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Trial record 23 of 831 for:    Texas Children's Hospital | ( Map: United States )

Photorefractive Keratectomy for Severe Anisometropia and Isoametropia Associated With Amblyopia

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ClinicalTrials.gov Identifier: NCT03610997
Recruitment Status : Recruiting
First Posted : August 2, 2018
Last Update Posted : August 2, 2018
Sponsor:
Information provided by (Responsible Party):
Evelyn, Baylor College of Medicine

Brief Summary:
Photorefractive keratectomy (PRK) with excimer laser has been used successfully to treat myopia, hyperopia, and astigmatism in adults for over 30 years. Children with high refractive errors that go untreated will develop severe amblyopia. PRK can normalize high refractive errors and potentially improve the amblyopia in affected children. The purpose of this study is to investigate whether children with high anisometropia or isoametropia with amblyopia that are nonresponsive to standard therapy and receive PRK develop better longterm visual acuity.

Condition or disease Intervention/treatment Phase
Anisometropia Hyperopia High Myopia Amblyopia Isometropic Amblyopia Bilateral High Astigmatism Procedure: Photorefractive keratectomy Not Applicable

Detailed Description:

Anisometropia is a condition in which one eye has a significantly different refractive error from the other and commonly leads to the development of refractive amblyopia in the affected eye. High isoametropia is the condition in which both eyes have high refractive error and commonly leads to bilateral refractive amblyopia if untreated. Amblyopia is the condition in which vision does not develop fully in the brain due to disuse or misuse of one or both eyes. Typically, in high anisometropia, a contact lens in the eye with the stronger refractive error and/or glasses must be used to correct the refractive error. Commonly, infants and children with this condition refuse to wear the contact lens or glasses because the other eye sees normally. There are other problems in treating high anisometropia with glasses. One is aniseikonia, the condition of image size disparity between the two eyes. This causes difficulty for the brain of the affected person to fuse the images from the two eyes because the image from one eye is much larger than that from the other eye. This results in asthenopia (eye fatigue) and sometimes even diplopia. If the anisometropia is severe, significant amblyopia will result in the eye with the stronger refractive error and, if not treated at an early age, permanent and potentially severe vision loss will result.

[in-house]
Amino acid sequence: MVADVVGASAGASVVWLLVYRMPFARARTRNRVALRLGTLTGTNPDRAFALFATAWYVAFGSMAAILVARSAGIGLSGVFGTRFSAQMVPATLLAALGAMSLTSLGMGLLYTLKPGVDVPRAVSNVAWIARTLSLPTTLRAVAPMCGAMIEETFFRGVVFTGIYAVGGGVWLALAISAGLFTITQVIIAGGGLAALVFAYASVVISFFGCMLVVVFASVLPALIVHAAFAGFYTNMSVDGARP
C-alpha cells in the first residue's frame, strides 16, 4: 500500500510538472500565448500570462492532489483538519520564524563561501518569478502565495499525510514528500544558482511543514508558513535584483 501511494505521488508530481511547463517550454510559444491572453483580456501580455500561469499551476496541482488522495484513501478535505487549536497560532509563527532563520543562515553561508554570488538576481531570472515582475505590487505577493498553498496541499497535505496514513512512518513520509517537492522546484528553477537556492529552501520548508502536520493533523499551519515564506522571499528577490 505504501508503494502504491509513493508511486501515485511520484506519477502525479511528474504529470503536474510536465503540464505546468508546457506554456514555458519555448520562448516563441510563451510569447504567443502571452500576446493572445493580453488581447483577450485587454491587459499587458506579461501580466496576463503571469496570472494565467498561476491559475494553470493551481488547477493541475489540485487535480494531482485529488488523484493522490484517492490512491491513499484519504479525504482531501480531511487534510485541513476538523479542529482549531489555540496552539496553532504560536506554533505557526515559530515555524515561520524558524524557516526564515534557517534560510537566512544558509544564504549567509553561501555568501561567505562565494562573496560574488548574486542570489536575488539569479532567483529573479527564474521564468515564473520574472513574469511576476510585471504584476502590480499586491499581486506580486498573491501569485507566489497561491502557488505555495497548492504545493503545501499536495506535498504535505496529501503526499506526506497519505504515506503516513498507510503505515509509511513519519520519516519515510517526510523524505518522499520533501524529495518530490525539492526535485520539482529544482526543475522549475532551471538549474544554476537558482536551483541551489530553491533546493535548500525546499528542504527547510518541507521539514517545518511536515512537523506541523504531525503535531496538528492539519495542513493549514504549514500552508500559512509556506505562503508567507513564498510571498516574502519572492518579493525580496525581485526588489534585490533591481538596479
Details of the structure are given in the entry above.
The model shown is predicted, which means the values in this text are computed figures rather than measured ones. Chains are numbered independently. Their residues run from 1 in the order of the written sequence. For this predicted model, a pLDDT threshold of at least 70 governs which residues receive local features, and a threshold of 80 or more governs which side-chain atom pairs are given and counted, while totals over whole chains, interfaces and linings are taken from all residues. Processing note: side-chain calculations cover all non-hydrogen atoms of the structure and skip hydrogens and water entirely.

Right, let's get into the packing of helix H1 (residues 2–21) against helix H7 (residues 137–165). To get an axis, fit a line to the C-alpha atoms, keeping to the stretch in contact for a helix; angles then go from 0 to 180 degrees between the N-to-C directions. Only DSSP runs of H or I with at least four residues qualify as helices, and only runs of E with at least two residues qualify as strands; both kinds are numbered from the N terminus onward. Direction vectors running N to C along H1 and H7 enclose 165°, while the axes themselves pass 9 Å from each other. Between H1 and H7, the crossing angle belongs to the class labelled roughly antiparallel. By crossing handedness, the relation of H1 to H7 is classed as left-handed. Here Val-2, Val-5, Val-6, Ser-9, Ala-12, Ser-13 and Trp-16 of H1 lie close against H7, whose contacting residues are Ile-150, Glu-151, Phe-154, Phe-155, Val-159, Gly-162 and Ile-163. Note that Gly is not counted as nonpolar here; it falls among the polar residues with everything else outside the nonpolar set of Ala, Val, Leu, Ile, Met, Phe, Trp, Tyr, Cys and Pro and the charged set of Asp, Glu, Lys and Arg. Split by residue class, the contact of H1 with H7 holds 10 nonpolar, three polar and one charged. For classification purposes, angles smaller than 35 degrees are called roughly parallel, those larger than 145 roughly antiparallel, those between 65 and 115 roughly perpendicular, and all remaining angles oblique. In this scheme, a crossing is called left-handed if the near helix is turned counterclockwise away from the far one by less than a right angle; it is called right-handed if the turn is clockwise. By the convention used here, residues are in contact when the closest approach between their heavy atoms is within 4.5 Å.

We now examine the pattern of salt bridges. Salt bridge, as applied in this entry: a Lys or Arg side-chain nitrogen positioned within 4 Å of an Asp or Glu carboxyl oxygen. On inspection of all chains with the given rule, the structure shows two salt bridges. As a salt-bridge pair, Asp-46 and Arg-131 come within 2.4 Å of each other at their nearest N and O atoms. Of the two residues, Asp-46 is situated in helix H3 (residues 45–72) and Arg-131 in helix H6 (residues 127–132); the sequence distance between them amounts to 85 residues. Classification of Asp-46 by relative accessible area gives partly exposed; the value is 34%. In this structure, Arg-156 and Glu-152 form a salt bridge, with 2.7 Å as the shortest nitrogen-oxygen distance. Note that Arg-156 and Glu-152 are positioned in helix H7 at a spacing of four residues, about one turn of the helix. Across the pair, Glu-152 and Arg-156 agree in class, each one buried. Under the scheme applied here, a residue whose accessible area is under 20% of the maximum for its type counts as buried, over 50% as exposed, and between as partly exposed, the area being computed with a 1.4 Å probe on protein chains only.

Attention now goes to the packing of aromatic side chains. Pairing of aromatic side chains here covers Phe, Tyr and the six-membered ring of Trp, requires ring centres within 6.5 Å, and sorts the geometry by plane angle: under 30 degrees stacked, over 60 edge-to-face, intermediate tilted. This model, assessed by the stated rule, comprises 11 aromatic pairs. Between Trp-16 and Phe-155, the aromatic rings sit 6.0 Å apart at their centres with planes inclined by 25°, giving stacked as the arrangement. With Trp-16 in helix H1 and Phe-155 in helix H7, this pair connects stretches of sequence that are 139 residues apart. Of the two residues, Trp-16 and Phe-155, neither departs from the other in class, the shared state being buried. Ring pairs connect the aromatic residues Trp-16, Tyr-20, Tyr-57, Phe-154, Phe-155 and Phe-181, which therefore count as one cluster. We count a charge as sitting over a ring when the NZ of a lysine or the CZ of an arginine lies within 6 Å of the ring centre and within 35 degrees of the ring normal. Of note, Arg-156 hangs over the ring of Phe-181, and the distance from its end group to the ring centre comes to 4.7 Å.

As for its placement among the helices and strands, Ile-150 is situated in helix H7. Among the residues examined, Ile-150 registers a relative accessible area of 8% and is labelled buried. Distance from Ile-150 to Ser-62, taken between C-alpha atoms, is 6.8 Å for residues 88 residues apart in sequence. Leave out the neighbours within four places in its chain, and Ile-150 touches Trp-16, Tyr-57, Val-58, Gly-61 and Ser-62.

In high isoametropia, contact lenses or glasses must likewise be used in order for normal vision to develop. Most children with isoametropia will wear glasses well because they cannot see well without them. By contrast, children with developmental delays, chromosomal abnormalities, autism, or attention deficit hyperactivity disorder and high isoametropia very commonly will not wear the needed refractive correction due to strong tactile aversion to anything touching the face or head. If the refractive error is high, significant bilateral (isoametropic) amblyopia will result and, if not treated at an early age, permanent and potentially severe vision loss will result.

PRK can normalize high refractive errors and potentially improve the amblyopia in affected children. The purpose of this study is to investigate whether children with high anisometropia or isoametropia with amblyopia that are nonresponsive to standard therapy and receive PRK develop better longterm visual acuity. Secondary outcomes are stability of refractive correction, and corneal health.


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Study Type : Interventional  (Clinical Trial)
Estimated Enrollment : 300 participants